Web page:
What is butternut squash?
Technically, a fruit, butternut squash is a type of winter squash that grows on a vine. It is long and oval in shape with a bell-bottom, yellow-orange, hard outer skin covering the inner orange flesh and seeds.
Nutritional benefits of butternut squash
An 80g (baked) serving contains:
- 0.7g protein
- 0.1g fat
- 5.9g carbohydrate
- 1.5g fibre
- 224mg potassium
- 12mg vitamin C
What are the 5 top health benefits of butternut squash?
1. May support eye health
Research has shown that phytonutrients, such as zeaxanthin and lutein, may help to protect eye health, and butternut squash contains both of these carotenoids. Beta-carotene, which we convert to vitamin A, also plays a role in eye health and healthy cell renewal, and diets that are high in brightly coloured fruits and vegetables, including butternut squash, are rich sources.
2. May support the immune system
3. May support bone health
There is some evidence to suggest that a varied diet rich in fruits and vegetables may reduce the risk of osteoporosis. A 2016 study found that diets high in vegetables, as well as those containing beta-carotene, vitamin C, zinc and sodium, were positively associated with healthy bone mass in postmenopausal women. All of these nutrients are found in butternut squash, making it a bone-loving vegetable.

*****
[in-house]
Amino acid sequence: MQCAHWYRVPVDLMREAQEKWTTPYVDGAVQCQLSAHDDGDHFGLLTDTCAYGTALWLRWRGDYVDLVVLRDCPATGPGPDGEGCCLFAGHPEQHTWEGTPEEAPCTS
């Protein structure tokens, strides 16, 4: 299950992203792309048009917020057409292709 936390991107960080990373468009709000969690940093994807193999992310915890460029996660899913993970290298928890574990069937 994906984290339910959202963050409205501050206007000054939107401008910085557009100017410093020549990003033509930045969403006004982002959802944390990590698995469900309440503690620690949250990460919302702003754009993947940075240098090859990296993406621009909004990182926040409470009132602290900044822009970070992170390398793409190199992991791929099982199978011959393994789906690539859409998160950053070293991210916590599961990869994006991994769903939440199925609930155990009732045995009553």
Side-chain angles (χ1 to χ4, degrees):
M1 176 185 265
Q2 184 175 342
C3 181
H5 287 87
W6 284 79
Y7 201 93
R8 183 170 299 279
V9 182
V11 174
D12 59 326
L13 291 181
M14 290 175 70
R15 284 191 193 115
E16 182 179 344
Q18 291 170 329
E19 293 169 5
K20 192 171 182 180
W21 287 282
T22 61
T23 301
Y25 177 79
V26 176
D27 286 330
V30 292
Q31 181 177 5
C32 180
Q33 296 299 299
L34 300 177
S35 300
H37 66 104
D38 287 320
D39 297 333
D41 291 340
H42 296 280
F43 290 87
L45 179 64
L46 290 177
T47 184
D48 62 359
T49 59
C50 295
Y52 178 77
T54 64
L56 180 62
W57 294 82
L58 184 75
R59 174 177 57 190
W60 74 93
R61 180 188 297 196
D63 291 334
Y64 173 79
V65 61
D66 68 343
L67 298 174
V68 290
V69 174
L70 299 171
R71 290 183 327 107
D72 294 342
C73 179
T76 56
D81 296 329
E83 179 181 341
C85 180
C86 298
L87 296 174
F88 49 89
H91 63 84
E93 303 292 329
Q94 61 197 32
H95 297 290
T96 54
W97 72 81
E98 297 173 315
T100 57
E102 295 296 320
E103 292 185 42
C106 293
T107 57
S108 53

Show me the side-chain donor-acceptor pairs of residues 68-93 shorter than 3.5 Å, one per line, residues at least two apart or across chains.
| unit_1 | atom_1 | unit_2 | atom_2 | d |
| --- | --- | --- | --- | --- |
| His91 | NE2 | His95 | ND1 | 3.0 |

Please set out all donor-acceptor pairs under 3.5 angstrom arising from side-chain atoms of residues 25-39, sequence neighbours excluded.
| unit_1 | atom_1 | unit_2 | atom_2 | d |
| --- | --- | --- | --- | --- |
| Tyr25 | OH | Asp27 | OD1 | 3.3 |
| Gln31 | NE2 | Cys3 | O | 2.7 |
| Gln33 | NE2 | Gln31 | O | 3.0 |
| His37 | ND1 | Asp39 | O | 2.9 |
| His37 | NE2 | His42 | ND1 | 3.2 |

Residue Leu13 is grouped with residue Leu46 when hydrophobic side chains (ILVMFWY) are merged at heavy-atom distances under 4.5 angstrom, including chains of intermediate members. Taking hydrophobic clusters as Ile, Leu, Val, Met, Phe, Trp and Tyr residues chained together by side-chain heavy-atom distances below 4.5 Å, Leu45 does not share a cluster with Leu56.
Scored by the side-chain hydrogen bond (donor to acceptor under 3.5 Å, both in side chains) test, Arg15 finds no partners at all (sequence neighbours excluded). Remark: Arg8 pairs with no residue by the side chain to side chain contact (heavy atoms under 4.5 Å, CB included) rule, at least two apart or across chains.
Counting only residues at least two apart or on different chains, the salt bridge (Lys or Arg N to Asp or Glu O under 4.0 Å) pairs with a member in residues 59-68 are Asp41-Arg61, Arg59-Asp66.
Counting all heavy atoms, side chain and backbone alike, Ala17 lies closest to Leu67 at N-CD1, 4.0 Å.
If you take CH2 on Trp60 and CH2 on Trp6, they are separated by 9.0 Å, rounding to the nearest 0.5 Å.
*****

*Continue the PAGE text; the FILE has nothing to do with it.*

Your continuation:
4. May support digestion
Just 100g of butternut squash (baked) contains around 2g of fibre, which is 7% of the recommended intake of fibre for adults. There is strong evidence that fibre is associated with a reduced risk of heart disease, bowel cancer and type 2 diabetes, but it can also help digestion and prevent constipation.
5. May support weight management
Butternut squash is low in calories, high in fibre and has a comforting sweet flavour which may help manage appetite.
Is butternut squash safe for everyone?
Butternut squash is nutrient dense and a healthy food for the majority of us. However, those medicated with beta blockers or ACE inhibitors may be advised to minimise their intake of potassium-rich foods, including butternut squash.
An allergy to butternut squash is rare, but there have been some reports that contact dermatitis may occur.
If you are concerned or have queries please consult your GP or registered dietician for guidance.
Butternut squash recipes
This article was reviewed on 23 February 2021 by Kerry Torrens.
Nicola Shubrook is a nutritional therapist and works with both private clients and the corporate sector. She is an accredited member of the British Association for Nutrition and Lifestyle Medicine (BANT) and the Complementary & Natural Healthcare Council (CNHC). Find out more at urbanwellness.co.uk.
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